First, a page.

STATEN ISLAND — A planned drug addiction treatment center in Port Richmond is being opposed by neighbors who claim the neighborhood is crime ridden and already saturated with social services.
Staten Island's Community Board 1 voted Tuesday to write a letter in opposition of the planned expansion of a center run by Camelot, which wants to build a 35-bed facility for clients as part of a state-funded renovation of its 263 Port Richmond Ave. site.
The board — with two members abstaining — voted to disapprove the plan.
"There are 63 communities on Staten Island and only three of them have the bulk of the social services," Beryl Thurman, president of the North Shore Waterfront Conservatory who's been fighting against the project, said at the meeting.
"It’s time that the other communities on Staten Island step up to the plate and do their fair share."
In January, Camelot announced plans to renovate its treatment center at Port Richmond funded by the New York State Office of Alcoholism and Substance Abuse Services (OASAS), which also gave the group $1 million for operational costs.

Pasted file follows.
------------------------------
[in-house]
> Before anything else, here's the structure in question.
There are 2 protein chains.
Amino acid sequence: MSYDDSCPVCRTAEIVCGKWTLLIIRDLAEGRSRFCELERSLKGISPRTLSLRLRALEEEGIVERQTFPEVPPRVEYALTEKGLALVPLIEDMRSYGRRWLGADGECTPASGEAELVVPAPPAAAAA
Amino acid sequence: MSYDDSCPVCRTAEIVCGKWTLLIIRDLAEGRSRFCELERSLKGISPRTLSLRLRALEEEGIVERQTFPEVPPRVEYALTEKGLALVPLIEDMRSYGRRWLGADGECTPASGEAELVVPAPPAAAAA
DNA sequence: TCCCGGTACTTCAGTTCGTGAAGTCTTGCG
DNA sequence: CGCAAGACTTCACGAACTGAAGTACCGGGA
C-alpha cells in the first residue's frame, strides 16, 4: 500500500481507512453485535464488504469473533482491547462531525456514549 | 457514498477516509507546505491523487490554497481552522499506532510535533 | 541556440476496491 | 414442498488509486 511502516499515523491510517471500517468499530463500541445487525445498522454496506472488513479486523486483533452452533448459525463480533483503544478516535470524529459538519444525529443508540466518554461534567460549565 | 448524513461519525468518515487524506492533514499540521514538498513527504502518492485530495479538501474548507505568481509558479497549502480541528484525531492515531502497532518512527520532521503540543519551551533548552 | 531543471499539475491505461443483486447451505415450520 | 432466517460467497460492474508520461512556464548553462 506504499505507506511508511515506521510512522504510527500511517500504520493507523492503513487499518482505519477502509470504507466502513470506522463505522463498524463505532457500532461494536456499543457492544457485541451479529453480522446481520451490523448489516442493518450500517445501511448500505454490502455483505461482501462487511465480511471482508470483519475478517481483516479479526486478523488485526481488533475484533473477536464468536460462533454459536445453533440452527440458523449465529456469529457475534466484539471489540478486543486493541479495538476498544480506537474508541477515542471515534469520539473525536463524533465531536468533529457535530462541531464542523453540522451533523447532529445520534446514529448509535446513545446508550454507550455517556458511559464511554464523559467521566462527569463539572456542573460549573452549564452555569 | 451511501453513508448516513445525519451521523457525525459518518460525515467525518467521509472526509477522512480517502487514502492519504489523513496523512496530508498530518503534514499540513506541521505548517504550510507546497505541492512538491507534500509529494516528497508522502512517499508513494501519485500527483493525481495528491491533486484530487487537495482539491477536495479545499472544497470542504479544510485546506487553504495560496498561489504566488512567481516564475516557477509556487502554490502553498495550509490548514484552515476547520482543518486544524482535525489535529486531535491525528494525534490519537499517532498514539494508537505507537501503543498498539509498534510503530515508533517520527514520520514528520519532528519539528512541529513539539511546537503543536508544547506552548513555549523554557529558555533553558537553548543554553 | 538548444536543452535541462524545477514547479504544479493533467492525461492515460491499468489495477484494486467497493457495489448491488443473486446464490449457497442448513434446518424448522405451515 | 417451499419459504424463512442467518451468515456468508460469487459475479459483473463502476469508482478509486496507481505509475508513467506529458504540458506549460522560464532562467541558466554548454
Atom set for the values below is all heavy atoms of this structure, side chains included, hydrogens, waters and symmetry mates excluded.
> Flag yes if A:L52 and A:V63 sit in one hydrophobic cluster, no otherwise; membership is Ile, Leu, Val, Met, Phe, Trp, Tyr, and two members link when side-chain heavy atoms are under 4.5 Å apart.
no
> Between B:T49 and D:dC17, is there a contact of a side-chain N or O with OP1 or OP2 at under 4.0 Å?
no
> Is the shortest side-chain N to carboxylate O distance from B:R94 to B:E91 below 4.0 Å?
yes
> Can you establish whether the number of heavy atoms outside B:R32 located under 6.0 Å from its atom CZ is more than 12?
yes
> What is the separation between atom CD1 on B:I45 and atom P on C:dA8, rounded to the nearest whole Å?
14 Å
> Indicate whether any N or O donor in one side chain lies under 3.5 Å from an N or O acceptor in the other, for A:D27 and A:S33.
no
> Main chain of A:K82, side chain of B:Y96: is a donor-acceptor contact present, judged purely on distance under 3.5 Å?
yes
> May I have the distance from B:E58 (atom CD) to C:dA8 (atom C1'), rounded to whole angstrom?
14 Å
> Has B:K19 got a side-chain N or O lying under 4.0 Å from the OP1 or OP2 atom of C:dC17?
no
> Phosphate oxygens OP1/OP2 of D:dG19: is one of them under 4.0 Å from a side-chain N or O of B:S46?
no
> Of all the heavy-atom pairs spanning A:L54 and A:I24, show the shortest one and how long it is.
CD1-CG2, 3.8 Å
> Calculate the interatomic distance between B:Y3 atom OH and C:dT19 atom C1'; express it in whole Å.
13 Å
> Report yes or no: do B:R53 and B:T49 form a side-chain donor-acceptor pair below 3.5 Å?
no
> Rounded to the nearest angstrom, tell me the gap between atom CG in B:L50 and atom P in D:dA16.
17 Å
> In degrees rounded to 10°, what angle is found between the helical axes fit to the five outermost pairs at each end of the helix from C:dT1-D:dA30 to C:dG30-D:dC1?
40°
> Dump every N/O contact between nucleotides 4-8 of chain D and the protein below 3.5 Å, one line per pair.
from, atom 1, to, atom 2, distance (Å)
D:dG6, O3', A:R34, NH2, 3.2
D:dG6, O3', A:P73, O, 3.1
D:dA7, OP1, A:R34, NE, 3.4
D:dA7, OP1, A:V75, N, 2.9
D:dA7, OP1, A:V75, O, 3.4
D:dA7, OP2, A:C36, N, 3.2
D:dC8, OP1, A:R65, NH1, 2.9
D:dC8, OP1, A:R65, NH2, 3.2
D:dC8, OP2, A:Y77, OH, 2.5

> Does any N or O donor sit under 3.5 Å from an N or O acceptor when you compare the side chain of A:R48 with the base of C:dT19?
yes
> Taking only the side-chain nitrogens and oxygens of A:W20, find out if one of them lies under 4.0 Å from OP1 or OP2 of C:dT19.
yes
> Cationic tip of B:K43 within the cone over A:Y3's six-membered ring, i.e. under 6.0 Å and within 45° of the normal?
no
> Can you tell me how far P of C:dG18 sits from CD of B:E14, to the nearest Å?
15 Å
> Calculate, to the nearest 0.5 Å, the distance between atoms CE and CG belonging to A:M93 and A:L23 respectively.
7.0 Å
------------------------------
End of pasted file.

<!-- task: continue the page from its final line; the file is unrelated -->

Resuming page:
A spokeswoman for OASAS previously told DNAinfo New York that they chose the spot because of its proximity to public transportation. Camelot has been there since 1972.
Luke Nasta, executive director of Camelot, said that he agreed that the neighborhood had too many social services, but his has been in the area for years without problems.
"I have no quarrel with the committee and the board that services should be spread out through Staten Island," he said.
"All we're doing is continuing the use of a building we've been using."
Nasta said his group has previously tried to put other sites around the borough in the past, but was blocked by the community.
With Staten Island in the throes of a drug epidemic — suffering the highest rate of heroin and prescription drug overdoses in the city — elected officials previously lauded Camelot's plan.
"I am proud to have helped to secure this critical funding for a new residential treatment program at Camelot so that more Staten Islanders who are struggling with addiction can get the help they need," state Sen. Andrew Lanza said in a statement.
Nasta said that all communities across the borough should be pitching in to help and the borough could use more services to deal with the problem.
"There's needs to be more of everything in the borough," Nasta said. "There is an epidemic that needs to be grappled with on the level of an epidemic."
The community launched a similar fight last year after Saint Joseph's Medical Center announced plans to build a new mental health facility at 108-110 Port Richmond Ave. Residents and elected officials rallied against that plan, which was also voted down by Community Board 1.
The board acts in an advisory capacity for elected officials on plans like this.